The Party for a Free Life in Kurdistan (PJAK), has warned President Hassan Rouhani that if Tehran continues military operations against Kurdish forces in Iran, the group will “turn Iran into a second Syria”.
PJAK, affiliated with the Turkish Kurdistan Workers Party (PKK), has carried out armed attacks in Iran’s Kurdistan Provinces since 2004, with the aim of establishing an autonomous Kurdish region.
In October 2011, the President of Iraqi Kurdistan, Massoud Barzani, said that the Iraqi Kurdistan Regional Government and the PJAK had agreed that Iranian gorup would end its armed activities; however, clashes between PJAK and the Iranian Revolutionary Guards Corps have continued, with deaths on both sides.
Last week Fars News, close to the Revolutionary Guards, reported that an IRGC officer had been killed in border clashes with “armed bandits” — a likely reference to the PJAK.
Other Iranian media reported in May that two IRGC officers had been killed in clashes with the PJAK, posting images of the “martyrs”:
Kurdish political activist Shamal Bashiri said that Tehran was passing through “a sensitive stage and Hassan Rouhani is forming a new government, and he is not ready to launch a large-scale military operation”.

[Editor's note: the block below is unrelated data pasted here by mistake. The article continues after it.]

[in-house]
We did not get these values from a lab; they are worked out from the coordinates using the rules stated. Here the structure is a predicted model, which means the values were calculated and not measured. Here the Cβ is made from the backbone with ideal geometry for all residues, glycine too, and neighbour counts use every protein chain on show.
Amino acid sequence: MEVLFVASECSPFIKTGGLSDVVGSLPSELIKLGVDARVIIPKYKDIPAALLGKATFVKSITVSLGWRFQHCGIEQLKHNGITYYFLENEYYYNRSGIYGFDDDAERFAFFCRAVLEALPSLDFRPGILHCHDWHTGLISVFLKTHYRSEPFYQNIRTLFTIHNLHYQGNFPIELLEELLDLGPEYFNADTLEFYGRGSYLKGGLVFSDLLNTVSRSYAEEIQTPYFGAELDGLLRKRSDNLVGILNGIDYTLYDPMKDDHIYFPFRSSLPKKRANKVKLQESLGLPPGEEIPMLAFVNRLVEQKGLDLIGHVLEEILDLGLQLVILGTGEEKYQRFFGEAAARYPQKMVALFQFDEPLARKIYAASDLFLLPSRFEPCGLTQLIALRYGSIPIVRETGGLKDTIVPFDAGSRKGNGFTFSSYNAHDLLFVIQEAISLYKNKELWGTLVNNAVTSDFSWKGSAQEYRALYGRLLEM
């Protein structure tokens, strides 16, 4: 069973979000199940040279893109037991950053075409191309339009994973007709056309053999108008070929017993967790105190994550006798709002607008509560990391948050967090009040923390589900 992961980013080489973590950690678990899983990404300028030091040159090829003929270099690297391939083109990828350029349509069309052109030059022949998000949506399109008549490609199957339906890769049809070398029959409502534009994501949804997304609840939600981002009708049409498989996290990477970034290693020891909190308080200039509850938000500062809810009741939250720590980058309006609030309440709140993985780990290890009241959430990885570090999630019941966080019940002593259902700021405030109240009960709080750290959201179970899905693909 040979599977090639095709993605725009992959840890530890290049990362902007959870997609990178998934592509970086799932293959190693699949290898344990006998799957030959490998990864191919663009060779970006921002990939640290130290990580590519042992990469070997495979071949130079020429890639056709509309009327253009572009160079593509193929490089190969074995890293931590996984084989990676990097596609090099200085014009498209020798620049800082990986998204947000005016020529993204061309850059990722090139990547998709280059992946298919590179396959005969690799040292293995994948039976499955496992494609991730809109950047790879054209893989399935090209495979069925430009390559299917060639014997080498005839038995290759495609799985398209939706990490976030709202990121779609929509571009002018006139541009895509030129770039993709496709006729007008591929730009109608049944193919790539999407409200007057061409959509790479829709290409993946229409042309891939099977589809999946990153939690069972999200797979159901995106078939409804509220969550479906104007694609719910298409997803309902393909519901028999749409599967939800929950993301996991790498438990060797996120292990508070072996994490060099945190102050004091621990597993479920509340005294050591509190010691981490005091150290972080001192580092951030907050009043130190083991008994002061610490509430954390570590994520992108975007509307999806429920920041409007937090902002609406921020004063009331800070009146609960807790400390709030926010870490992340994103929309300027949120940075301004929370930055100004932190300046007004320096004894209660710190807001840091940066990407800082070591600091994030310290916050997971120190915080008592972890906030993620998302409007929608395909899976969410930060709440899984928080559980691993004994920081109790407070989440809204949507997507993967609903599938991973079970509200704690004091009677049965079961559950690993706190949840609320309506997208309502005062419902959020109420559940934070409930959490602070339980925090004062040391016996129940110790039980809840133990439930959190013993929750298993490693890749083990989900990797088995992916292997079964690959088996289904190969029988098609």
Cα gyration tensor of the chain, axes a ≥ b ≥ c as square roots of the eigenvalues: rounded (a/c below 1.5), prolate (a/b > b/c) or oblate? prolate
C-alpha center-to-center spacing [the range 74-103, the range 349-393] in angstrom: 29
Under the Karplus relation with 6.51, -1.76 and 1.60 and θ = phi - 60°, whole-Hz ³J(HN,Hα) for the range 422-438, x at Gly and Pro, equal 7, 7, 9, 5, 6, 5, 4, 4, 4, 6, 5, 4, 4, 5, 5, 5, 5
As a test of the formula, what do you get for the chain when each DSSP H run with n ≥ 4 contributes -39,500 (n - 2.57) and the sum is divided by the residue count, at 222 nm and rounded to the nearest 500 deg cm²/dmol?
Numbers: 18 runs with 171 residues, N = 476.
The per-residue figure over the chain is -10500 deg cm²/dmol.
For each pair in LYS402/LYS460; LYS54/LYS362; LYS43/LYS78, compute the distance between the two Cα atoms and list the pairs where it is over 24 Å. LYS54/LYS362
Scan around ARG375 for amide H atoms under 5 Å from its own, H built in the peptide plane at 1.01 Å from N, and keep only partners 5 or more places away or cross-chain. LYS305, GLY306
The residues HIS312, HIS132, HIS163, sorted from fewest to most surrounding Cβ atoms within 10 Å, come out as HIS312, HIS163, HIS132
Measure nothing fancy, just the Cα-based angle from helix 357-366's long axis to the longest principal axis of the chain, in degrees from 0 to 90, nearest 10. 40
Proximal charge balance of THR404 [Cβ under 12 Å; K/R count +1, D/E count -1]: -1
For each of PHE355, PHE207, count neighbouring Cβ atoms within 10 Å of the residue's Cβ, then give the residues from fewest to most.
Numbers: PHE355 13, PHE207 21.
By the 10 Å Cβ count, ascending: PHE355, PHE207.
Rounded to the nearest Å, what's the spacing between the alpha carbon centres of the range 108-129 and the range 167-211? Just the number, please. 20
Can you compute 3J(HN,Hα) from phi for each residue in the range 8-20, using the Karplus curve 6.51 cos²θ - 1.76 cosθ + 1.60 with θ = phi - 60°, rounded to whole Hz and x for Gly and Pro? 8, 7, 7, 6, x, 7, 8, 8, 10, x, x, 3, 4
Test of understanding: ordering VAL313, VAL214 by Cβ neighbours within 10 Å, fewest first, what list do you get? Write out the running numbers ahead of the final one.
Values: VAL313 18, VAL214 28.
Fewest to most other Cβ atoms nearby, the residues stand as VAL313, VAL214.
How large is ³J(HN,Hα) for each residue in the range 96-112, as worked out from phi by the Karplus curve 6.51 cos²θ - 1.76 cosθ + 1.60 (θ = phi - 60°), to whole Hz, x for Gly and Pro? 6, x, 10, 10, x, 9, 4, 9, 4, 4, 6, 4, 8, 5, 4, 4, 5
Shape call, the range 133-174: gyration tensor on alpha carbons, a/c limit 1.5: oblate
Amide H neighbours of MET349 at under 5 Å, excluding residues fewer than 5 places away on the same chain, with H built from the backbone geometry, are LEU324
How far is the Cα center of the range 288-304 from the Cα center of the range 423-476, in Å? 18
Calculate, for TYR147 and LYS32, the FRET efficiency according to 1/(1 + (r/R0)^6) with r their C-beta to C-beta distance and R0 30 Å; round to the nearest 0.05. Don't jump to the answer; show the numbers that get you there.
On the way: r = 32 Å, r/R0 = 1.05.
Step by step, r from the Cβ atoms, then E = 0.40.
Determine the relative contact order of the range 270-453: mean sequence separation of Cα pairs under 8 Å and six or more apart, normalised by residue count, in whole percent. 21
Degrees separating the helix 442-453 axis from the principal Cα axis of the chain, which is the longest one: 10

Bashiri said that the declaration of a cease-fire with Iran was in Kurdish interests, but warned that if Iran “proceeded to break the cease-fire, the country will see military operations similar to the Syrian war”.
Analyst Wladimir van Wilgenburg adds another dimension to the increased tensions between the PJAK and Tehran:
Iran is not happy with the PKK-Turkey talks for a political resolution, although Tehran also received the [Syrian Kurdish leaders] Salih Muslim [PYD] and Abdulhakim Bashar (KDP-S) recently. Iran wants the peace process in Turkey to fail.
The PKK decided in its last meeting to uphold the ceasefire with Iran and mostly focuses on Syria’s Kurds now.
PJAK has also paid more attention to Syria, amid growing violence between Kurdish militias and Islamist insurgent factions in the north of the country.
Earlier this month, PJAK said that it was “ready to send fighters to Syrian Kurdistan to fight beside their people.”
(Featured Images: Women PJAK insurgents at their camp in the mountains of the Iran-Iraq border — Sebastian Meyer)